Privacy forms an intrinsic part of our everyday life. So much so – that the Supreme Court declared it to be a Fundamental Right under the Indian Constitution. The Government too is working to legislate a Data Protection Law to better protect our privacy. As we transact on digital platforms it is the encryption technology that ensures user privacy, safety and security. These platforms utilise the end-to-end technology which entails that our messages cannot be tracked in transit, in a way that no one, not even the platform like a WhatsApp or a Signal- can read our messages.
Human vices like drug trade, propaganda and child sexual abuse have also leveraged these platforms to achieve virality. It is to tackle these challenges that the State purports to bring in the New Information Technology Rules of 2021. The New IT Rules albeit progressive have a few challenges. For instance its mandate for Significant Social Media Intermediaries providing messaging services like WhatsApp and Signal to ensure ‘originator traceability’ (tell me who the sender is) is quite concerning. While the Government has maintained that it does not wish to break encryption, there exists no known technology to implement the traceability mandate without weakening encryption. From the Global Encryption Coalition and the Internet Society to Groups of Crypto and Cybersecurity Experts have reiterated on multiple occasions that weakening encryption through mandates like ‘traceability’ or ‘backdoors’ will only open a pandora’s box, creating more challenges than it seeks to resolve. Even the Telecom Regulatory Authority of India in its 2020 recommendations opined that the security architecture of end-to-end encrypted technologies should not be tinkered with, else it will render the users susceptible to attacks by hostile actors.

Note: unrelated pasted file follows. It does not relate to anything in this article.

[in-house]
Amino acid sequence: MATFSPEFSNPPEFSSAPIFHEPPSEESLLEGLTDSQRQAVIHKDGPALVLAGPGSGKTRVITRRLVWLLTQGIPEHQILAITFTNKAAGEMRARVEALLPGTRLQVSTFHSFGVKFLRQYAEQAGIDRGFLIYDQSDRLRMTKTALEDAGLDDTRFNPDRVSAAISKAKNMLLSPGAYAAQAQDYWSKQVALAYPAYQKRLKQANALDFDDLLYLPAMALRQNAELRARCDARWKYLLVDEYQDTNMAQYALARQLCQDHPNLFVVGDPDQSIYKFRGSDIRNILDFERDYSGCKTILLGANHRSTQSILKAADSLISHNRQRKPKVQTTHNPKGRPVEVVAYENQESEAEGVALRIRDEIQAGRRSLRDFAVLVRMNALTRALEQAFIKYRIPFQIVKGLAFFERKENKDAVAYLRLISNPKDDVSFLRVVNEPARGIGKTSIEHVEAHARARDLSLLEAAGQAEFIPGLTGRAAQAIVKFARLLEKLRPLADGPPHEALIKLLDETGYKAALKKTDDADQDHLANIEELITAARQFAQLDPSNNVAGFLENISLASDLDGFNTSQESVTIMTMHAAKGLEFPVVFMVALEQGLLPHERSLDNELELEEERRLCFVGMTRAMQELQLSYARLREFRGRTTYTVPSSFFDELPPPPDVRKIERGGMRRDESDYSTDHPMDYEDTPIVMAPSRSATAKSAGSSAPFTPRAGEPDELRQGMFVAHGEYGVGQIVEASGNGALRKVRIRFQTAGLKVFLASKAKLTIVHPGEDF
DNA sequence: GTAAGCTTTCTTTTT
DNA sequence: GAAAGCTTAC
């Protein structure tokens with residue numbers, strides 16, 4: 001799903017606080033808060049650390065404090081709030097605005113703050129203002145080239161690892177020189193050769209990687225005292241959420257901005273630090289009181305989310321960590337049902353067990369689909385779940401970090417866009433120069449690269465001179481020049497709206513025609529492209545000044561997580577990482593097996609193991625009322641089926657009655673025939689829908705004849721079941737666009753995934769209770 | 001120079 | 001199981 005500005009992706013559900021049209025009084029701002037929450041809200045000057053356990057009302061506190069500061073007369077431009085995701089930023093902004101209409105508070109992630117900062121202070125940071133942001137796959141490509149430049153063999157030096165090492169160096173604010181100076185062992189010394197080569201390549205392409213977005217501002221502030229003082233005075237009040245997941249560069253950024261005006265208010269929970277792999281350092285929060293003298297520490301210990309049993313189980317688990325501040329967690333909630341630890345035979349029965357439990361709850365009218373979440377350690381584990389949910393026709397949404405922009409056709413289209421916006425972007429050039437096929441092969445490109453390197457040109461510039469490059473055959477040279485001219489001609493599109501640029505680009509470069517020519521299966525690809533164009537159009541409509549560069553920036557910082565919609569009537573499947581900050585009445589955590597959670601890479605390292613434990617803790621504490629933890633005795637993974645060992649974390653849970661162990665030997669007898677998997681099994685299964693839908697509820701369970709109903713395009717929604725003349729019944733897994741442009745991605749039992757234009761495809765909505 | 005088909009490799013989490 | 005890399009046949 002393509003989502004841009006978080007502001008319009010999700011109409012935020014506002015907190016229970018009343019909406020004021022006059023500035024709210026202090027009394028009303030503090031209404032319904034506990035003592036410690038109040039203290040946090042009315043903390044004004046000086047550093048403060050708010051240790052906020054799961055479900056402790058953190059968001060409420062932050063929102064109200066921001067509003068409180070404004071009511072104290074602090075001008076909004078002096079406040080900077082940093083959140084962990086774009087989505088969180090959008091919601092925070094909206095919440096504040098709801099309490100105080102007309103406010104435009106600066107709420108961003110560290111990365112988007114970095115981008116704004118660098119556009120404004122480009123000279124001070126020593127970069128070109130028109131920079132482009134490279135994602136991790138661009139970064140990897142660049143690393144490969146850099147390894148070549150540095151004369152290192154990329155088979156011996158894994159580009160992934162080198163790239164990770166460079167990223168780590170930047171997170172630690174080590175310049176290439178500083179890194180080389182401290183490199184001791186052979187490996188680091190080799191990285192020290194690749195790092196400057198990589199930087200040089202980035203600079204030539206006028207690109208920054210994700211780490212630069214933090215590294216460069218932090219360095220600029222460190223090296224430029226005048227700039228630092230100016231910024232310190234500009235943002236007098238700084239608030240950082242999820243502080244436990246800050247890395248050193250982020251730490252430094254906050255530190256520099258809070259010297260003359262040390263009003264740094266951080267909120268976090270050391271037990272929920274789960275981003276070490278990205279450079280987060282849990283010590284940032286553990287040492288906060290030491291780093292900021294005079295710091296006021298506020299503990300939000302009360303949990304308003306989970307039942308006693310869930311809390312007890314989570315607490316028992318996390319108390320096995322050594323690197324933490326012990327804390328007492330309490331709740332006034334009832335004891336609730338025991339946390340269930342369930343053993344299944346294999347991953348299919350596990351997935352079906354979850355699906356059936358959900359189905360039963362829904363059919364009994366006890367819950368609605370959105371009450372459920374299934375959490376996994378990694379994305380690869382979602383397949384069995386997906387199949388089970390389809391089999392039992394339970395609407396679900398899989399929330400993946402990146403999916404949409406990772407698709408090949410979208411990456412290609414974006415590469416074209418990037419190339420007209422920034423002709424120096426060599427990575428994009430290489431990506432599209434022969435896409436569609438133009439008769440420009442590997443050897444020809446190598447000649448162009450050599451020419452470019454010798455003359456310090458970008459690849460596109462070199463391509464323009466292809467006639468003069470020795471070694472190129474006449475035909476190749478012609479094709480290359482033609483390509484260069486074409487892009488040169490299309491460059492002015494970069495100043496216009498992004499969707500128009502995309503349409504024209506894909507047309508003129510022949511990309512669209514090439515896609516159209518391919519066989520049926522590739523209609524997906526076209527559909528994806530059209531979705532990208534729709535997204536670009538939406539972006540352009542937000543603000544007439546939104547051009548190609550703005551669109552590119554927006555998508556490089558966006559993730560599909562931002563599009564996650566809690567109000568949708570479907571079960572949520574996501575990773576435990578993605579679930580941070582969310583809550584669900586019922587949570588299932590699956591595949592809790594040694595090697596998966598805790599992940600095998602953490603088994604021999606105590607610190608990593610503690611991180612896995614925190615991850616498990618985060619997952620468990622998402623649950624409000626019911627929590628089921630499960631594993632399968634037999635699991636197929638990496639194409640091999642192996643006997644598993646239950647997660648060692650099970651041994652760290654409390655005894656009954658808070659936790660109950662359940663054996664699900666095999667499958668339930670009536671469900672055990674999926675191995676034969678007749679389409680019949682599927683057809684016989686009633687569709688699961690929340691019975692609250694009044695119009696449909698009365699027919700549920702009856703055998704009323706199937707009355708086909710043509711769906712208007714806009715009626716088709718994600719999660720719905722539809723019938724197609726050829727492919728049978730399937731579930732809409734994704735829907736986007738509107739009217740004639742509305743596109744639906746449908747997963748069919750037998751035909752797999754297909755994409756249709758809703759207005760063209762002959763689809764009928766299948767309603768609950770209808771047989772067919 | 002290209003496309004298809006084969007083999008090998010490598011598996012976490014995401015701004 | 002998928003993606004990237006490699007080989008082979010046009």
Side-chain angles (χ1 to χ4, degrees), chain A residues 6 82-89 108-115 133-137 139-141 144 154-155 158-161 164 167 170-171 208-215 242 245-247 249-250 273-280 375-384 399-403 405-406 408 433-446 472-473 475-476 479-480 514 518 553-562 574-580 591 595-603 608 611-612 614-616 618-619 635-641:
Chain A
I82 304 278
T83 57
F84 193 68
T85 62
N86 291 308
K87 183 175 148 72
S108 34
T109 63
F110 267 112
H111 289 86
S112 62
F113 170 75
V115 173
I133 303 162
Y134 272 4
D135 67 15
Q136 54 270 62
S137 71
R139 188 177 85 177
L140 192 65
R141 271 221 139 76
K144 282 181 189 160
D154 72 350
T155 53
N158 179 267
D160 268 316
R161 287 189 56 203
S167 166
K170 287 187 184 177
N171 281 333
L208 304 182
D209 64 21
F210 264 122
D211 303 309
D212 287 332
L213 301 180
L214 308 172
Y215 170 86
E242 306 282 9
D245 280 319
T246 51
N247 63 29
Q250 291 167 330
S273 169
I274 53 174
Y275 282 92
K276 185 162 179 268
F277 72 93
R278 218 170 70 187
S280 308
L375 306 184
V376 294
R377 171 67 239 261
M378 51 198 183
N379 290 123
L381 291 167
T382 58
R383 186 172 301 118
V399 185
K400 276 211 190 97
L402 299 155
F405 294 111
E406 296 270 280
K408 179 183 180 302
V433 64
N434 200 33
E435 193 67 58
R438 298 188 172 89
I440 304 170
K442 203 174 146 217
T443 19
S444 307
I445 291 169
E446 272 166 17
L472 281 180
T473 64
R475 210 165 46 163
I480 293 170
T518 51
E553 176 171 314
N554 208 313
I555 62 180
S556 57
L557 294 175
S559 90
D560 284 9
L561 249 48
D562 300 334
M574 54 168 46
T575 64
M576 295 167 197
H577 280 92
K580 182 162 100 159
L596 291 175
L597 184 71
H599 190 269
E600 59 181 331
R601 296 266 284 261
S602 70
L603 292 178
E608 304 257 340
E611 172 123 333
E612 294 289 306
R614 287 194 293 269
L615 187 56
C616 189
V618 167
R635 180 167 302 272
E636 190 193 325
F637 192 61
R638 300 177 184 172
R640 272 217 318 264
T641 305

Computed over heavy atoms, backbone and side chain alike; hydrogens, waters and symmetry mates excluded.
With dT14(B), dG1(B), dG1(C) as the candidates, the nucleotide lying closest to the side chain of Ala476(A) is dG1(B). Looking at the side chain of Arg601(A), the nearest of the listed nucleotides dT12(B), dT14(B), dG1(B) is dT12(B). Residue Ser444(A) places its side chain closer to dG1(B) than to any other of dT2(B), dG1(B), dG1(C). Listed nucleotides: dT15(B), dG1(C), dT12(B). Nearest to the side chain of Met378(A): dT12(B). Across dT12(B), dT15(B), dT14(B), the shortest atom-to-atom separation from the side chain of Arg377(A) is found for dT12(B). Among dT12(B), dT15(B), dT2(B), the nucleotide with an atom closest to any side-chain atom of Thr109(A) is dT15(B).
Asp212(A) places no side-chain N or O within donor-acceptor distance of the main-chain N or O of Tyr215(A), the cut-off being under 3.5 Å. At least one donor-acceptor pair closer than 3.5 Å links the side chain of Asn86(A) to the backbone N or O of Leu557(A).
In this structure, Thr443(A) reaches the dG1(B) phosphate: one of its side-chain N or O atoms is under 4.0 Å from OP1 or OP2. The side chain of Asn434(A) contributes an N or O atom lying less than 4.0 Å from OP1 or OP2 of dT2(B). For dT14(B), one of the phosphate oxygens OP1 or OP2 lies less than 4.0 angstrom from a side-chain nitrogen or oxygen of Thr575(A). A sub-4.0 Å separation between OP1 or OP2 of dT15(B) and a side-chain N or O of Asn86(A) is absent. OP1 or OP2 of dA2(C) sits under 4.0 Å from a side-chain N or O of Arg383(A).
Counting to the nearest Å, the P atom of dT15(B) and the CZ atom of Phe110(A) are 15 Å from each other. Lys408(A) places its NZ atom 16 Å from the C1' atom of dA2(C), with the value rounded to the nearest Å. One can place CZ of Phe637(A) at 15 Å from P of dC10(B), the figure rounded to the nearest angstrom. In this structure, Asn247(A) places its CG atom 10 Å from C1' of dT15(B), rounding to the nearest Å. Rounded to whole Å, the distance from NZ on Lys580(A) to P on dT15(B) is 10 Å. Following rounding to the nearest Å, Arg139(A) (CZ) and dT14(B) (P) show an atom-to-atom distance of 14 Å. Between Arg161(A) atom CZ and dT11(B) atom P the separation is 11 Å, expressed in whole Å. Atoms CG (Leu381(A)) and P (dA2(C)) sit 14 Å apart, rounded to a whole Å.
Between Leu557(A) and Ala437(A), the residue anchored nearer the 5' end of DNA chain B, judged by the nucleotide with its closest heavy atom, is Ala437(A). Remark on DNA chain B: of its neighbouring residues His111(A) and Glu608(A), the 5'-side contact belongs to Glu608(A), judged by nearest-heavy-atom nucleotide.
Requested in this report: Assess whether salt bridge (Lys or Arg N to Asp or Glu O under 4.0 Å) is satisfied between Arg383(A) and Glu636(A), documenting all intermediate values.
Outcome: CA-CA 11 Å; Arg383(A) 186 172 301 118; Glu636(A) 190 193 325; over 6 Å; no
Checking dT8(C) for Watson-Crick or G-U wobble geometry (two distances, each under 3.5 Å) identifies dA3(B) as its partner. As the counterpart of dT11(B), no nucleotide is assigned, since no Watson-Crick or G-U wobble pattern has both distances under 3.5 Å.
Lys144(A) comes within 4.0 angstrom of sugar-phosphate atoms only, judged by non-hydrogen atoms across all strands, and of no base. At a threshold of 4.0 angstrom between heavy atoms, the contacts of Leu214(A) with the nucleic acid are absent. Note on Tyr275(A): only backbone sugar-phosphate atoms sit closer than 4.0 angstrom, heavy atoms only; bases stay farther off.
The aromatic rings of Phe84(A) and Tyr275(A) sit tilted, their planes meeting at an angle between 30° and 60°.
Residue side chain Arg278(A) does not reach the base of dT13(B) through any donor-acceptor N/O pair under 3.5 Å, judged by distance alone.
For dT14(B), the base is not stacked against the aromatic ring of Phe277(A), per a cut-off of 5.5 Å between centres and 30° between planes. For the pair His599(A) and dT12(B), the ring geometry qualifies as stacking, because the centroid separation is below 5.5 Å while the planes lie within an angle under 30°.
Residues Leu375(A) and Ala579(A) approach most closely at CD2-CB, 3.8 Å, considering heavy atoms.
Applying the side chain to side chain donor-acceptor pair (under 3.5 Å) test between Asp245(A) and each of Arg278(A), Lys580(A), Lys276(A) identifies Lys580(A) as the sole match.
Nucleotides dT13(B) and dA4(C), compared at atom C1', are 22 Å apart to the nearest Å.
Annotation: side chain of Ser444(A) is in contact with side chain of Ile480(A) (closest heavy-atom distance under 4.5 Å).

Encryption not only enables secure banking, e-commerce and messaging for the citizenry but also confidentiality for journalists and businesses. Any secret door for the ‘exceptional access’ of the State can also be exploited by non-state actors or enemy states. For instance, in Greece, the Government surveillance program was repurposed by hostile actors to surveil the political and military elites of Athens.
There is no denying the fact that the Government has a legitimate interest in stopping such crimes. What is required is a more informed and collaborative approach to tackle these challenges in the cyber realm. There is a need for the Big Tech, the State & the Law Enforcement Agencies to work together to find meaningful solutions. For instance, platforms sharing ‘limited’ meta-data, and not content data, with Law Enforcement Agencies. It is equally important for the Big Tech to assist in training the Law Enforcement Agencies and build their meta-data analysis capabilities.
While finding solutions to tackle challenges in the cyber realm we must ensure that user privacy and national security of the State is not compromised. All such measures must be weighed on the touchstone of the Puttaswamy test as ruled by the hon’ble Supreme Court. Most importantly, we need a robust data protection law and an independent data protection authority to protect user rights and ensure national security.